What I love most is that when your slippers come to the end of their life, there’s no need to send them to landfill. Mahabis has teamed up with recycling organisation First Mile to offer a take-back scheme. UK customers can send their pre-loved Mahabis, free of charge, and these will be recycled. You’ll even get a voucher for 15% off your next pair of Mahabis.
These then get sent to the First Mile processing centre in Cheshire, where they are processed and shredded. Your old slippers then get transformed into playground surfacing, roads, boxing bag inners, and a whole lot more.
Egos wool slippers (available in the UK on Trouva from £36.95) are ethically made by hand in Nepal by skilled craftswomen. In fact, Egos have been certified by The World Fair Trade Organization.
Each pair takes time and skill to make. As such, each employee can only make 2 pairs of shoes a day. It’s definitely a case of quality over quantity.
The raw wool is dyed with environmentally friendly colours, before being moulded into the slipper shape. Another inner layer of felt is then added, for extra comfort. Finally, the outer suede sole is stitched on these incredibly cosy slippers.
These beautiful slippers would make such a lovely ethical gift idea for someone special or as a treat to yourself.
For vegan slippers, Gumbies is another great choice. Each pair of Gumbies ethical unisex vegan slippers, available through Gumbies Amazon shopfront, are made from recycled plastic derived from post-consumer plastic bottles. In fact, 8 bottles are used to make each pair.
The soles are even made from recycled rubber for a minimal environmental footprint. And rather than stop there, the insoles are made from beans. Yes, beans, you read that correctly! The soft foam Gumbies uses for their insoles is made from 100% Castor Bean, a naturally derived material.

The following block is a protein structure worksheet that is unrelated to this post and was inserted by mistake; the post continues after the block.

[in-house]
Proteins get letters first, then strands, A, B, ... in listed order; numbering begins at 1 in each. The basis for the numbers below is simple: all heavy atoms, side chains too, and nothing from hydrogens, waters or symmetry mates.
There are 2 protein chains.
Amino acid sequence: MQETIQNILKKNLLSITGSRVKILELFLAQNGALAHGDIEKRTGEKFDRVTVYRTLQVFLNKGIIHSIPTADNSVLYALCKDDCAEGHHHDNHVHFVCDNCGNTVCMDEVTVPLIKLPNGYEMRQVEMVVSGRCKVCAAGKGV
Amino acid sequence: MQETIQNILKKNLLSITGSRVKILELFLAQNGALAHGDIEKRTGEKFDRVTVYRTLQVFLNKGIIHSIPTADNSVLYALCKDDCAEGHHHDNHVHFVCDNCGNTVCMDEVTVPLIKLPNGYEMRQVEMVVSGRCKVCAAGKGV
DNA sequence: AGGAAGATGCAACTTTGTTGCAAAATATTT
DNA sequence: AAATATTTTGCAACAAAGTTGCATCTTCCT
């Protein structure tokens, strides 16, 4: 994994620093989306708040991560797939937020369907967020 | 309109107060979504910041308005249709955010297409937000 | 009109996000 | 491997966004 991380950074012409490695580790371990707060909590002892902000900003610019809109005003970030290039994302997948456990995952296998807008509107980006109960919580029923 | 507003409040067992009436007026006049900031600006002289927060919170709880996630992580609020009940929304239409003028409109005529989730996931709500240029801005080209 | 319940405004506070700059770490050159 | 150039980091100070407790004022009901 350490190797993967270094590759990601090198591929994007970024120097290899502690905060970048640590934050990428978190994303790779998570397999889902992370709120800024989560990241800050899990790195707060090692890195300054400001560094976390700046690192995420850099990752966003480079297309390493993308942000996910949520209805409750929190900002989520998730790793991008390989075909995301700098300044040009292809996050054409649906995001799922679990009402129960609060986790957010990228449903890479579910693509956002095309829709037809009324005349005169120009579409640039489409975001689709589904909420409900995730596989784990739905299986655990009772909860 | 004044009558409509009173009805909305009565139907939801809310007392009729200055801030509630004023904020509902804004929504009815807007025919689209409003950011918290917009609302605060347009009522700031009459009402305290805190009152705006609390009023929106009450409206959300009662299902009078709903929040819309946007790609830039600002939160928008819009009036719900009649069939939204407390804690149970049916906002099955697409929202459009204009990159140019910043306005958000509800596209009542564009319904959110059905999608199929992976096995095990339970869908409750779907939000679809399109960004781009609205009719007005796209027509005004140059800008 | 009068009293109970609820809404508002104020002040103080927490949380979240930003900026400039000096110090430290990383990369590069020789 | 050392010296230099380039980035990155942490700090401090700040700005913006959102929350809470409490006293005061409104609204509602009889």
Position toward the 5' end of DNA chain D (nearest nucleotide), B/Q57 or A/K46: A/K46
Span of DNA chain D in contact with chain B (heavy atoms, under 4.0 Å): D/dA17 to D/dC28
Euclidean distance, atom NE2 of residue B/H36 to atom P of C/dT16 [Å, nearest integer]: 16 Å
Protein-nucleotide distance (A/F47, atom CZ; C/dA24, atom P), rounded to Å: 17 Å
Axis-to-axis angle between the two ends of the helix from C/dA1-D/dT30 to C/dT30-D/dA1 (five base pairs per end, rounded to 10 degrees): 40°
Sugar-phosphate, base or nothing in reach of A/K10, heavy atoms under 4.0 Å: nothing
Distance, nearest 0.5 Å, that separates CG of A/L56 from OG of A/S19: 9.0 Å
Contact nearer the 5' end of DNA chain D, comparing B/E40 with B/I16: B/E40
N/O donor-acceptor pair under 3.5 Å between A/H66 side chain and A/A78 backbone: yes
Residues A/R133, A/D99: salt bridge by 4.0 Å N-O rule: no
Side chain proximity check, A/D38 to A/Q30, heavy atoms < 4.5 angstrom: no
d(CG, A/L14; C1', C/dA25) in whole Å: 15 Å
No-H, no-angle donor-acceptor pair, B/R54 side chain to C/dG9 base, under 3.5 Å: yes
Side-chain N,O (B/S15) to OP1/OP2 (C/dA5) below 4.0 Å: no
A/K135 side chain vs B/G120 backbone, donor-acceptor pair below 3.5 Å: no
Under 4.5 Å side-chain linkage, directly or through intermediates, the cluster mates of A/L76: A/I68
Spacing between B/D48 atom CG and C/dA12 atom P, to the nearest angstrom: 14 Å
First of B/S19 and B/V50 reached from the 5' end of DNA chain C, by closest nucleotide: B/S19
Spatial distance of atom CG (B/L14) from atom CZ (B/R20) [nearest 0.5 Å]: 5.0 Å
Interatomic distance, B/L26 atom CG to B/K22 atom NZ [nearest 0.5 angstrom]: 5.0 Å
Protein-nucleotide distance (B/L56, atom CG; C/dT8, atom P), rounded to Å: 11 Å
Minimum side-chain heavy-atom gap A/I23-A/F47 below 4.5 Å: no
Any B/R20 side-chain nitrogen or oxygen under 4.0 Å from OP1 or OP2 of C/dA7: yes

Rather than using leather for the soles, these are made from natural latex rubber. The soles are then handstitched on for increased durability.
The slippers are then handcrafted in Nepal by artisans paid a 25% higher salary compared to the national average. And as men have more job opportunities in Nepal, Baabuk mostly employs women to help address this imbalance.
I had a pair of Baabuk slippers which I wore non-stop for around 5 years. I found them really cosy, and the sole was robust enough to allow me to pop out to the compost bin! Eventually (and inevitably, after such prolonged hard labour!), they developed a hole in the sole, which I couldn’t repair. However, I would definitely buy a pair again.
Find Baabuk slippers, available in a variety of colours, in the UK at Alpinetrek for £55.95. Sign up for the Alpinetrek newsletter and get £5 off your order.
What Else Can I Do?
The single most eco-friendly choice of slippers are the ones you already have. If your existing pair have started to wear out, why not look at how you can repair them?
Beyond your own ethical choices, you can also help to engender change on the High St. One way you can do this is to ask High St brands who make their clothes (see Fashion Revolution for their great resources). This will help press for transparency and sustainability on the High Street.
Even if you can’t afford to shop for ethical slippers, you can also support the brands that align with your values. Commenting on, and sharing their social media posts to help boost their exposure without necessarily buying anything.